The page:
## Translational Speed

A bowling ball encounters a 0.760-m vertical rise on the way back to the ball rack, as the drawing illustrates. Ignore frictional losses and assume that the mass of the ball is distributed uniformly. The translational speed of the ball is 7.88 m/s at the bottom of the rise. Find the translational speed at the top.
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 Recognitions: Gold Member Science Advisor Staff Emeritus You really need to show some working before you can receive any help. As a hint you can think about the conservation of energy.

 Quote by Kelschul A bowling ball encounters a 0.760-m vertical rise on the way back to the ball rack, as the drawing illustrates. Ignore frictional losses and assume that the mass of the ball is distributed uniformly. The translational speed of the ball is 7.88 m/s at the bottom of the rise. Find the translational speed at the top.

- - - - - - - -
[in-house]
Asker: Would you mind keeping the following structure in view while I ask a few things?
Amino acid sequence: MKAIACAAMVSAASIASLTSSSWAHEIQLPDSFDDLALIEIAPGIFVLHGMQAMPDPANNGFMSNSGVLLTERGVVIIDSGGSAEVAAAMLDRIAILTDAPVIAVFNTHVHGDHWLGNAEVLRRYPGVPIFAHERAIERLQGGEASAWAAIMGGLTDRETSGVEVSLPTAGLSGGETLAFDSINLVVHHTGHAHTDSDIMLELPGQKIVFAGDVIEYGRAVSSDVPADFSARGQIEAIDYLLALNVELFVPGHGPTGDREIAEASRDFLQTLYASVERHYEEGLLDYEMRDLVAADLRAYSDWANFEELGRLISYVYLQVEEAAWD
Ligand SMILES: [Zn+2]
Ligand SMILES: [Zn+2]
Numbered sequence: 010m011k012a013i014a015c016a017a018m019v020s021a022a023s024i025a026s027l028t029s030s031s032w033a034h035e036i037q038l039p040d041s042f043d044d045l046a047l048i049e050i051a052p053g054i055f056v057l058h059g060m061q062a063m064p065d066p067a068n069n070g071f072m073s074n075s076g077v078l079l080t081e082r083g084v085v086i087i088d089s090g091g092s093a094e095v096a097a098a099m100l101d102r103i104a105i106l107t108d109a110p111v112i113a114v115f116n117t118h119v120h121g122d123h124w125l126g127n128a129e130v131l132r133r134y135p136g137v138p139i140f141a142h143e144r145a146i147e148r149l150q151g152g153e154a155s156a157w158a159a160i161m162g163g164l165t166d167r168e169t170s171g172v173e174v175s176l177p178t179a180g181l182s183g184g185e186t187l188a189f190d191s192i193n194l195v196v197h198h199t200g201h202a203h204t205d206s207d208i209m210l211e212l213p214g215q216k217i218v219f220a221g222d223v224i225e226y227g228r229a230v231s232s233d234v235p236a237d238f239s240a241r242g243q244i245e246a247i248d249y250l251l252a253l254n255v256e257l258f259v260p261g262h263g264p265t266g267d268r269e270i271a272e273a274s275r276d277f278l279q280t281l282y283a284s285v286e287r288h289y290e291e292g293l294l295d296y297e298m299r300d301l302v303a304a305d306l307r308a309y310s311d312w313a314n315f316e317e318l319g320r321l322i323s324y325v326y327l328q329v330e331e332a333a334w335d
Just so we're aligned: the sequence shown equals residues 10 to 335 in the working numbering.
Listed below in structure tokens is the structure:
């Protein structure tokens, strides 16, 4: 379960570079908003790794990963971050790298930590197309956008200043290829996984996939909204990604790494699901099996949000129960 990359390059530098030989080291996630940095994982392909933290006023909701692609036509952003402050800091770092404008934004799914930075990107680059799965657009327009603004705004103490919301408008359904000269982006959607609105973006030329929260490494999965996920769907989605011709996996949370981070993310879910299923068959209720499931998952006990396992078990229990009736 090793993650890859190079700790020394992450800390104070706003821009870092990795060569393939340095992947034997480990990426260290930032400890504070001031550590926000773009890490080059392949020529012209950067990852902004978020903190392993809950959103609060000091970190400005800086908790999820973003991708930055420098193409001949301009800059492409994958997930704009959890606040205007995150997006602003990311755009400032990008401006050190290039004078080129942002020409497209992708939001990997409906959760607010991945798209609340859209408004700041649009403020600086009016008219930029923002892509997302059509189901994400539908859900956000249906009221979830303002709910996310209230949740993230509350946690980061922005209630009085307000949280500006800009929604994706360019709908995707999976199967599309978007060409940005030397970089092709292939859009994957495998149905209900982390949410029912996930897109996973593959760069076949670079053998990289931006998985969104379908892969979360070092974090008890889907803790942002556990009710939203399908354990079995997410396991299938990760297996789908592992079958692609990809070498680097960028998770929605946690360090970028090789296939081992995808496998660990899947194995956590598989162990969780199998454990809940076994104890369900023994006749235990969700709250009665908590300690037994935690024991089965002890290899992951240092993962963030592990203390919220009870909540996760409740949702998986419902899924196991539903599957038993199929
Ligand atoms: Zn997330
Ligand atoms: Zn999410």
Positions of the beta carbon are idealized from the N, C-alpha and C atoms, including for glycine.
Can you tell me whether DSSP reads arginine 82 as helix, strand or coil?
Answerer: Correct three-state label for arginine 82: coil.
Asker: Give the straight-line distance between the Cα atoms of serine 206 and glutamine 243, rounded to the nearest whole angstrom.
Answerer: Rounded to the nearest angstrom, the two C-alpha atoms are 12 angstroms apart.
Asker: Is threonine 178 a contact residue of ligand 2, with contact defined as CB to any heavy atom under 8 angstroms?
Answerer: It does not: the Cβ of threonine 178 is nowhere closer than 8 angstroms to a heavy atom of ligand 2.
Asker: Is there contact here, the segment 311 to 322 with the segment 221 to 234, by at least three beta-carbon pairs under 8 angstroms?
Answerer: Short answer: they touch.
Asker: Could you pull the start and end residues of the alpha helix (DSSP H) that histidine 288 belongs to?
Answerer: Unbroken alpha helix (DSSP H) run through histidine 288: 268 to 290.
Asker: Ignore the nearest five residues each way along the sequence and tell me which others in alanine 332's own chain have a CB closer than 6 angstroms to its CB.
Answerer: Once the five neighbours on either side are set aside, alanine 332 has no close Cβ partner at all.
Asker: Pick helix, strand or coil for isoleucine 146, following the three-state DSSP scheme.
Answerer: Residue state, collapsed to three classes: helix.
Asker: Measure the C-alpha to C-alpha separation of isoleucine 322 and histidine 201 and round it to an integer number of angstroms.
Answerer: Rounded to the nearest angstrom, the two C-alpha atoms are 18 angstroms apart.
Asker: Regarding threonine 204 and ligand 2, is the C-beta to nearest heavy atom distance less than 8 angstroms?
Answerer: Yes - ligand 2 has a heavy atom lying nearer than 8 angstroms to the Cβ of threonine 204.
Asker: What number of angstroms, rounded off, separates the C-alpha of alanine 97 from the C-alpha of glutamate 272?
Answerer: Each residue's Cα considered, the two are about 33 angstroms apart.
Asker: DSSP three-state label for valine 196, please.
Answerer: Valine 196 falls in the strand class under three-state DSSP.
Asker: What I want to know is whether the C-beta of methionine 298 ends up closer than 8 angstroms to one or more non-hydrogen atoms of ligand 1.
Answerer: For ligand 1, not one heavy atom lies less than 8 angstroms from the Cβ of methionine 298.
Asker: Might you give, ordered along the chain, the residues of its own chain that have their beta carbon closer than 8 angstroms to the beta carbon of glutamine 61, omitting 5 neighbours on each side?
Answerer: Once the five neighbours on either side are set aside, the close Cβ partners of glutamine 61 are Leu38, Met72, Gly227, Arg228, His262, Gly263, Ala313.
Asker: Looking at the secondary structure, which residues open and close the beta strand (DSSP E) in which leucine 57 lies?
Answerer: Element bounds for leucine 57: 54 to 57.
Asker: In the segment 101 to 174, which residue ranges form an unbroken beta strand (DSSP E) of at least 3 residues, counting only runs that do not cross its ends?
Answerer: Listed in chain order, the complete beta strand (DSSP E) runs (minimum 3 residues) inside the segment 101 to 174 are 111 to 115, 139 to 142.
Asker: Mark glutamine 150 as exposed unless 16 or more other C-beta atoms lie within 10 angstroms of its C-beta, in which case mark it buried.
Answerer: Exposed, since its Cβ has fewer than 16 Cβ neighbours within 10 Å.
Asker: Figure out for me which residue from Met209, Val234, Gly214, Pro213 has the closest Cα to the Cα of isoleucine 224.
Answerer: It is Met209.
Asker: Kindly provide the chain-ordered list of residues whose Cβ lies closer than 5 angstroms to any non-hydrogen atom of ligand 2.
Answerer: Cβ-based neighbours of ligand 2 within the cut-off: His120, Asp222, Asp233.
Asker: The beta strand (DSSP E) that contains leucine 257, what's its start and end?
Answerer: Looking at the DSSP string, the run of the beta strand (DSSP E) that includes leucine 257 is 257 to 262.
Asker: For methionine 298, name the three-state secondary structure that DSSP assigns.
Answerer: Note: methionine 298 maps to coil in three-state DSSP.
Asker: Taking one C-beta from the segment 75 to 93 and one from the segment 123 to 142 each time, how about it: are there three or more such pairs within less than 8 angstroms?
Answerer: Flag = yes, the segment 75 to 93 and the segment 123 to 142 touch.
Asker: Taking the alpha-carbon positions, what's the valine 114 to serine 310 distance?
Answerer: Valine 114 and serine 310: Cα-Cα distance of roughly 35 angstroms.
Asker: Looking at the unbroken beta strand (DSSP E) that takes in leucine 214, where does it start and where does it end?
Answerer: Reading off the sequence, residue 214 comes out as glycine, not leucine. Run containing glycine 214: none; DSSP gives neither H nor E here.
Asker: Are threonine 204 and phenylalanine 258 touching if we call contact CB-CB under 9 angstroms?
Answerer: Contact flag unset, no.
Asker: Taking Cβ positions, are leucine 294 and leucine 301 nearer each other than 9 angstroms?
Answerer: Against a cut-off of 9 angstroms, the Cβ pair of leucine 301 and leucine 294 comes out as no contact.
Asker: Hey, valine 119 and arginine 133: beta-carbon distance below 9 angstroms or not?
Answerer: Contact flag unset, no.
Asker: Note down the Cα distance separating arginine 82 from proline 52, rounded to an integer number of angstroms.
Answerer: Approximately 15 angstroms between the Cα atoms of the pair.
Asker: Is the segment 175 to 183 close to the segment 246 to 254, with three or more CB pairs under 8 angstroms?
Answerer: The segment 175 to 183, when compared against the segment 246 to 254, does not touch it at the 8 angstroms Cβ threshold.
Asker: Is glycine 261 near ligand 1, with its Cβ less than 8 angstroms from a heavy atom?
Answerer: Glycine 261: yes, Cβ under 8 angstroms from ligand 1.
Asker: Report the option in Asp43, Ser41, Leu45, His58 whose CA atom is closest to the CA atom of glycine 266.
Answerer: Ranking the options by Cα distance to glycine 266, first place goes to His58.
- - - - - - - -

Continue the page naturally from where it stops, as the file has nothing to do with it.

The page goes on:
HOW IS THE EQUATION SETUP FOR THIS PROBLEM

## Translational Speed

 Quote by Kelschul A bowling ball encounters a 0.760-m vertical rise on the way back to the ball rack, as the drawing illustrates. Ignore frictional losses and assume that the mass of the ball is distributed uniformly. The translational speed of the ball is 7.88 m/s at the bottom of the rise. Find the translational speed at the top.
kE1+PE1=KE2+PE2
1/2(MKG)(7.880)^2+(MKG)(9.8)(.76M)=1/2MKG(V)^2+MKG(9.8)(X)

 Quote by despanie kE1+PE1=KE2+PE2 1/2(MKG)(7.880)^2+(MKG)(9.8)(.76M)=1/2MKG(V)^2+MKG(9.8)(X)
WILL THIS EUATION WORK FOR THE SPEED
 Recognitions: Gold Member Homework Help You're on the right track, but you mixed up your gravitational potential energy terms a bit. If you take the bottom of the rise as your reference point, what is the gravitational potential energy of the ball before it goes up the rise?